Watching Out for the Causes and Symptoms
What is the purpose of tooth enamel?
The enamel is the outermost layer of the tooth, which acts as the protective covering of your teeth. Though translucent and thin, it is the hardest tissue in the entire body. It provides protection from daily chewing, biting, and grinding; it insulates the teeth from temperature extremes and onslaught of chemicals. Be that as it may, the enamel can still chip, break, or crack from certain forces. It can erode via a gradual wearing away that can expose the inner layer.
Teeth erosion happens in excessive or repeated exposure of the teeth to acid. For example, frequent consumption of pure fruit juices and carbonated drinks increases the risk for tooth erosion. Another lifestyle habit, such as binge drinking, can also cause the same. This is even though your saliva, which naturally contains calcium, can help neutralize the acid in sparse or moderate consumption of these intakes. A diet high in sugar and starches, such as sour foods, cakes and candies, can also erode the enamel gradually.
There are also other causes of tooth erosion apart from diet choice. Acid reflux disease, where stomach content goes up the esophagus, bulimia, where vomiting is frequent, or dry mouth syndrome, where saliva production is low or insufficient, are conditions that make teeth prone to enamel erosion. Teeth grinding or bruxism that causes tooth-to-tooth friction, as well as hard brushing and biting on hard objects, like ice, fruit, nails, among others, are other culprits.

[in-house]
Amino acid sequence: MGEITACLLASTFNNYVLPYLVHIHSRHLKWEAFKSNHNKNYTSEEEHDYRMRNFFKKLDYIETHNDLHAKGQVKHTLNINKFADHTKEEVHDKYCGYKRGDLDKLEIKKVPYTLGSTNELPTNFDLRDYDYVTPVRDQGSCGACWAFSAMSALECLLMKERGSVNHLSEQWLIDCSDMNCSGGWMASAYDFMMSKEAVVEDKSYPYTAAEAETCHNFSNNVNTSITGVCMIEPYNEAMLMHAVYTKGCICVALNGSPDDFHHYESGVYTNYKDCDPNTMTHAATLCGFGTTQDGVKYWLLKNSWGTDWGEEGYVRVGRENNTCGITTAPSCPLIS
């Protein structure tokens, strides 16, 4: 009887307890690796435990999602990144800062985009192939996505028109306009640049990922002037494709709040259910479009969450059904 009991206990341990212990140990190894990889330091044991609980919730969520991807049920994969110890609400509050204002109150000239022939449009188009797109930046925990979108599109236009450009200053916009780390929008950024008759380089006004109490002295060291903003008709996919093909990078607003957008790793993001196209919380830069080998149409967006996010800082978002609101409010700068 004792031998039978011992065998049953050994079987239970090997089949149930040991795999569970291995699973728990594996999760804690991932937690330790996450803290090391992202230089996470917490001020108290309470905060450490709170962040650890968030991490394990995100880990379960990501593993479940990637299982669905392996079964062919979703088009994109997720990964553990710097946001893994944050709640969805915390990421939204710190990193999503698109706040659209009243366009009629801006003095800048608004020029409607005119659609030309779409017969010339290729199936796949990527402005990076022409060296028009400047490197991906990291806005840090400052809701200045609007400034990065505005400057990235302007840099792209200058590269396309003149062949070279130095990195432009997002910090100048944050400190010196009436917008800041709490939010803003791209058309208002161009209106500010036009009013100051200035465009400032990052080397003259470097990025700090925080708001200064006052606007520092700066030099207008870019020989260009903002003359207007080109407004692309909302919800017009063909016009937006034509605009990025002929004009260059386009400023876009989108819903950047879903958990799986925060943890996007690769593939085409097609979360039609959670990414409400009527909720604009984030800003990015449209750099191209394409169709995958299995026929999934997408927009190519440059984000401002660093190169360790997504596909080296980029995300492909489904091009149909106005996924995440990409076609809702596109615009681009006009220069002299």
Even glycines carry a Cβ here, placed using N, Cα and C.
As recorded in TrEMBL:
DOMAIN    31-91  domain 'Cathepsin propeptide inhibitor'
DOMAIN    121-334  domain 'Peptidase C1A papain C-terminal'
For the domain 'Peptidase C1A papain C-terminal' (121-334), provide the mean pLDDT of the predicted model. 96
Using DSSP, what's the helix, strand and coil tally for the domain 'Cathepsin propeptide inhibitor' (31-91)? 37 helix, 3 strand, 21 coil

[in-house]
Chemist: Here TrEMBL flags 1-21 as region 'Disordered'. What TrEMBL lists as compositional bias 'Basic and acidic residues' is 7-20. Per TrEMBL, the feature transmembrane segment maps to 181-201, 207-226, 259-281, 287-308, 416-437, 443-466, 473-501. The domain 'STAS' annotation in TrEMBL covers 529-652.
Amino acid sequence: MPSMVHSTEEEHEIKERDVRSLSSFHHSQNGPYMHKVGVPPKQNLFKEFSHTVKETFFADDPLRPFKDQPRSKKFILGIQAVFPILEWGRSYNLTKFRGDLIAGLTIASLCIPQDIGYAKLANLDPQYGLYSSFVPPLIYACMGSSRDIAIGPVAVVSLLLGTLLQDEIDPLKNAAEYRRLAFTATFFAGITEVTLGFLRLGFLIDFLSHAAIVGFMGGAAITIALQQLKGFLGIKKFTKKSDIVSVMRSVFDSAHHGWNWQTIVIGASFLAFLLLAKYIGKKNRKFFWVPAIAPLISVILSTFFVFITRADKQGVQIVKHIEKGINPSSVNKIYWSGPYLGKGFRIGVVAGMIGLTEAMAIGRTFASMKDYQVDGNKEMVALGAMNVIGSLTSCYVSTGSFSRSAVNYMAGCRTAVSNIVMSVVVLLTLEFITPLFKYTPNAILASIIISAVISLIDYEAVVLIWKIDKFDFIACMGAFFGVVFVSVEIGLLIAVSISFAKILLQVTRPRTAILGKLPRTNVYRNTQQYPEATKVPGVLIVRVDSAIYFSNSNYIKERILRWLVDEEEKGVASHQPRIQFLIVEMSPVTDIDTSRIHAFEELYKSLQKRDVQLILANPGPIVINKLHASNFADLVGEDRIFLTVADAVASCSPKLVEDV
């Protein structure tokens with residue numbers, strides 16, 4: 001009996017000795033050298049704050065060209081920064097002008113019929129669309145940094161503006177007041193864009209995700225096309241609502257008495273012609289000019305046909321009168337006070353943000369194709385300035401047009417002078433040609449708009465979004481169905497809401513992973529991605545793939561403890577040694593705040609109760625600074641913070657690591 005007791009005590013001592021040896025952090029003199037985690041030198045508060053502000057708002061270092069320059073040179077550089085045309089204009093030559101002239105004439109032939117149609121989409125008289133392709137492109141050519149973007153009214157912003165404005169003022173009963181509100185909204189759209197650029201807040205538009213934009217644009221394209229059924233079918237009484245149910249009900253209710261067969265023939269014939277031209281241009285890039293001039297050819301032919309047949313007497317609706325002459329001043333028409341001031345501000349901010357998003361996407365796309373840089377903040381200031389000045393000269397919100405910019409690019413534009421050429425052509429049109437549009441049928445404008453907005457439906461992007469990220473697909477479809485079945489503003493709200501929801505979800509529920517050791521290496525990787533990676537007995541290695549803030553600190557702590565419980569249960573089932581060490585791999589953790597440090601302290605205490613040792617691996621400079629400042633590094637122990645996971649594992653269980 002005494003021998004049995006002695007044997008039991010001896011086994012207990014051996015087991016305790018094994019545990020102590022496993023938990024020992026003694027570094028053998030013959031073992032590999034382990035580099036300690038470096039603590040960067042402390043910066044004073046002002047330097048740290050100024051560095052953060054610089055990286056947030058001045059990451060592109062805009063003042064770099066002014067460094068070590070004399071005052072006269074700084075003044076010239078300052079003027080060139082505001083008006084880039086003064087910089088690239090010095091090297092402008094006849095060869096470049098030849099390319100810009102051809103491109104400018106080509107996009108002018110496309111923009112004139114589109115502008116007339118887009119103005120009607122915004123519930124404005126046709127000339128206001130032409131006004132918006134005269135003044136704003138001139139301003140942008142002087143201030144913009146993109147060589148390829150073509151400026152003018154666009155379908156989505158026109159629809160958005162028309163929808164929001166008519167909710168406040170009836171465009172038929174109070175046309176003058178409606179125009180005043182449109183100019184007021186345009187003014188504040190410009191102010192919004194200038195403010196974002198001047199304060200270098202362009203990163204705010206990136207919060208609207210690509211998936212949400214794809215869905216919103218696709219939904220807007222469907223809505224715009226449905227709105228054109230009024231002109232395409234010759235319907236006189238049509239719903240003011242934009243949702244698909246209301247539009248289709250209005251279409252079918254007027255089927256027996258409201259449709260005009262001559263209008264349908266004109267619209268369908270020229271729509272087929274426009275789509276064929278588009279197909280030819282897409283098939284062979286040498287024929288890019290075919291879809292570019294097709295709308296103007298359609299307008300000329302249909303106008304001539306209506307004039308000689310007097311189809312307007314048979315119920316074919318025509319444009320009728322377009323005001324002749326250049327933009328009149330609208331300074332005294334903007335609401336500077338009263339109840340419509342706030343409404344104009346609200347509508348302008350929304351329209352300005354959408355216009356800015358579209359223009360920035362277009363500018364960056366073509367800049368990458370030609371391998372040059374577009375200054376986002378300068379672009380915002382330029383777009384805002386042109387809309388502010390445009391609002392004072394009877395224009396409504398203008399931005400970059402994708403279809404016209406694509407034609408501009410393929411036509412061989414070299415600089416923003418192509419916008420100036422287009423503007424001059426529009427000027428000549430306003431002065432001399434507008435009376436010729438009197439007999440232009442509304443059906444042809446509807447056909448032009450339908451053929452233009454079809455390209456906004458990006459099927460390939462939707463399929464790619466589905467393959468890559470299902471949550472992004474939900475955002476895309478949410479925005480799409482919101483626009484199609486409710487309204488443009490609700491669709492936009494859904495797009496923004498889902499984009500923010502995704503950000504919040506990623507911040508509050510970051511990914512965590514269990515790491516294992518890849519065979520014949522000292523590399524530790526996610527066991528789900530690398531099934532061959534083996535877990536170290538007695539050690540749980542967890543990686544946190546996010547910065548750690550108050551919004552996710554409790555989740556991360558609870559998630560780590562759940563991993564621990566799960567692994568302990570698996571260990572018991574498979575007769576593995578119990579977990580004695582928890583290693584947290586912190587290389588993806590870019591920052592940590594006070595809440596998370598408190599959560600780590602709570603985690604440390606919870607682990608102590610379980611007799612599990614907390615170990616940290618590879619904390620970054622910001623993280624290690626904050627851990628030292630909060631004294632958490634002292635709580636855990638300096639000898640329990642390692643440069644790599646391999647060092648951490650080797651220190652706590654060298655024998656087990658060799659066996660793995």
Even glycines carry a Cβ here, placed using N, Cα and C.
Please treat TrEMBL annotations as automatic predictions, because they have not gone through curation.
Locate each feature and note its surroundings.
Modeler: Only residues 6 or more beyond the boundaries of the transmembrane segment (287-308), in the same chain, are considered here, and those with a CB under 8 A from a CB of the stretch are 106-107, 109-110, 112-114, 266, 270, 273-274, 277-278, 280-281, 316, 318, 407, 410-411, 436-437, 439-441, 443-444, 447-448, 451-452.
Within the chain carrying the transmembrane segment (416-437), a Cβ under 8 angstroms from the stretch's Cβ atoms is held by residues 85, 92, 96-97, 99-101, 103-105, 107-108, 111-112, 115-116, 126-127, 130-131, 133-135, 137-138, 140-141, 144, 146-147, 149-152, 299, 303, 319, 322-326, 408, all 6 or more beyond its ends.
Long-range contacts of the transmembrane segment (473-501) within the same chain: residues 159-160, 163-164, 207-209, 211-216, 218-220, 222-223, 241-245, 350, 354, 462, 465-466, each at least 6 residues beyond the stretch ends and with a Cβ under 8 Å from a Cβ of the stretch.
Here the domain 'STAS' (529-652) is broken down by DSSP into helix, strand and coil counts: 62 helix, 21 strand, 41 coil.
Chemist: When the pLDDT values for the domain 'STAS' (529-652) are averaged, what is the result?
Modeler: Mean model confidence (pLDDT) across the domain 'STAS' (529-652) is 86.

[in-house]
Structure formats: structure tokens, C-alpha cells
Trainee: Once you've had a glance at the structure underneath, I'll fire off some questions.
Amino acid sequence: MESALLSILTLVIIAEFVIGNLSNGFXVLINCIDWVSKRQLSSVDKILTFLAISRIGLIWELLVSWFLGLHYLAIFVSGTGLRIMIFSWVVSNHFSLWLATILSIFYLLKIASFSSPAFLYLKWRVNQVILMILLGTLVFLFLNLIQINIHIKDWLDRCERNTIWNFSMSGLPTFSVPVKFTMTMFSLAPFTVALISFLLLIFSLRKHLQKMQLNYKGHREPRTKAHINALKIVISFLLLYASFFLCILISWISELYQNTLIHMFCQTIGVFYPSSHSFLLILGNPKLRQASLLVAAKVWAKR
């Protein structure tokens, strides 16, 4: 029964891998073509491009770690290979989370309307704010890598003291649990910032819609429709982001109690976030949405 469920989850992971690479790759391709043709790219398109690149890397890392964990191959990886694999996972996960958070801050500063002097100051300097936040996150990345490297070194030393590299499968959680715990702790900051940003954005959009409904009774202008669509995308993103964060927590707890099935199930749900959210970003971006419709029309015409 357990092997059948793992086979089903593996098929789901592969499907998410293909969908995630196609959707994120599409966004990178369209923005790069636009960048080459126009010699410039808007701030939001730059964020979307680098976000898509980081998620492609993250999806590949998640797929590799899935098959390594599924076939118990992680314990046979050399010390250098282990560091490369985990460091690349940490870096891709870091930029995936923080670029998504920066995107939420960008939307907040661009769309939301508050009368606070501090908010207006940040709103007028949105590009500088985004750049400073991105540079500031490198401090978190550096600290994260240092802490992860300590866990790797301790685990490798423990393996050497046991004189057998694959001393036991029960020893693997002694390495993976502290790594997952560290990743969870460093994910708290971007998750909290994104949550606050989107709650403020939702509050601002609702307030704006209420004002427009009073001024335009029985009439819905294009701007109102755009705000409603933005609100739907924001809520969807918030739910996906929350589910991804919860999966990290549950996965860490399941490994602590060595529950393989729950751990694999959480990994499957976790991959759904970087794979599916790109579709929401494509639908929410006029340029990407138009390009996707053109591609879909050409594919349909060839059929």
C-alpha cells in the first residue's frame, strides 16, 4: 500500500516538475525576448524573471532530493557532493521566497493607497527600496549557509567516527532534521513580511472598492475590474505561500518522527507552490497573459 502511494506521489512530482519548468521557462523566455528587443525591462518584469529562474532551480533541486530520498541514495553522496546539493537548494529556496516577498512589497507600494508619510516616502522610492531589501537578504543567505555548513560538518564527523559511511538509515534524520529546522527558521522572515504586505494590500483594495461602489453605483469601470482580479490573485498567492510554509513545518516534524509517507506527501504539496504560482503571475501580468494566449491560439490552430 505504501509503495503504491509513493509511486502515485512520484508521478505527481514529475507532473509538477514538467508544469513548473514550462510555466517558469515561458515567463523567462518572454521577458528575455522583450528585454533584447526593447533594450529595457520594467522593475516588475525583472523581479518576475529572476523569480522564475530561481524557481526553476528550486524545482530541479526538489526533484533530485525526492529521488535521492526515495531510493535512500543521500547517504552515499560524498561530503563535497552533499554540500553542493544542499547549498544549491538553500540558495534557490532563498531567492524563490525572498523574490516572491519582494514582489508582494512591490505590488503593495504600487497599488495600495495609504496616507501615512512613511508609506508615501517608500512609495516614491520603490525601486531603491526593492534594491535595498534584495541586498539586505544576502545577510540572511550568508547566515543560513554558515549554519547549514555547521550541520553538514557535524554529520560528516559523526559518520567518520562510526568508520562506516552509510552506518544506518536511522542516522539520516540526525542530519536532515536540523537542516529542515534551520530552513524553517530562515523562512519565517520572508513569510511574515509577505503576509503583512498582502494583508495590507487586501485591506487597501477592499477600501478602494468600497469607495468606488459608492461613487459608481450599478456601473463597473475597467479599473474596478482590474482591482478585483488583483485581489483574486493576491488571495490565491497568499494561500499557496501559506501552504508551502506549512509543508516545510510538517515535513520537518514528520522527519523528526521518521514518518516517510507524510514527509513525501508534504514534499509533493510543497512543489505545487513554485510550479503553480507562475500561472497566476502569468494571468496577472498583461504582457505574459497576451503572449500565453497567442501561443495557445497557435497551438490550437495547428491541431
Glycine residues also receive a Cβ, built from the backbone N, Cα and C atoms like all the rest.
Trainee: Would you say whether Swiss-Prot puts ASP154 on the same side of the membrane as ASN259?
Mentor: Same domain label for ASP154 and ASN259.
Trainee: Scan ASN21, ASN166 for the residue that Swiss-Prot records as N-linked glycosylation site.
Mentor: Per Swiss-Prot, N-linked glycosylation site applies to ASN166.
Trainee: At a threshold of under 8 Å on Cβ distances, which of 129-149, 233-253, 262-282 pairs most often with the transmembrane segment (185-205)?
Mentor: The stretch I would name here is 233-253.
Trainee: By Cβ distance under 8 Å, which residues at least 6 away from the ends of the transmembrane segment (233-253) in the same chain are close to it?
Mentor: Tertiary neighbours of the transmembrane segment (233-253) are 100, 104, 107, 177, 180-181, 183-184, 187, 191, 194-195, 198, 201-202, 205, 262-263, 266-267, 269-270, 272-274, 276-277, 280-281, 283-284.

What are the symptoms of tooth erosion?
Pain is common as the teeth become overly sensitive to hot or cold food or drink or other stimuli. Another is discoloration where teeth become increasingly yellow, exposing the dentin underneath the enamel. Teeth may appear transparent, smooth or shiny around the edges indicative of enamel loss. When erosion sets in, your teeth may have cracks and dents in those areas that involve chewing food.
When enamel erodes, the tooth is more susceptible to cavities or tooth decay. The outer layer is weakened and can become brittle. If left unattended, the whole tooth may be compromised.
Looking Out For Tooth Erosion in Bellevue
If you are experiencing the symptoms just described above, you may be experiencing tooth erosion. Come see us for a consultation here at Overlake Dental, your friendly Bellevue dentists.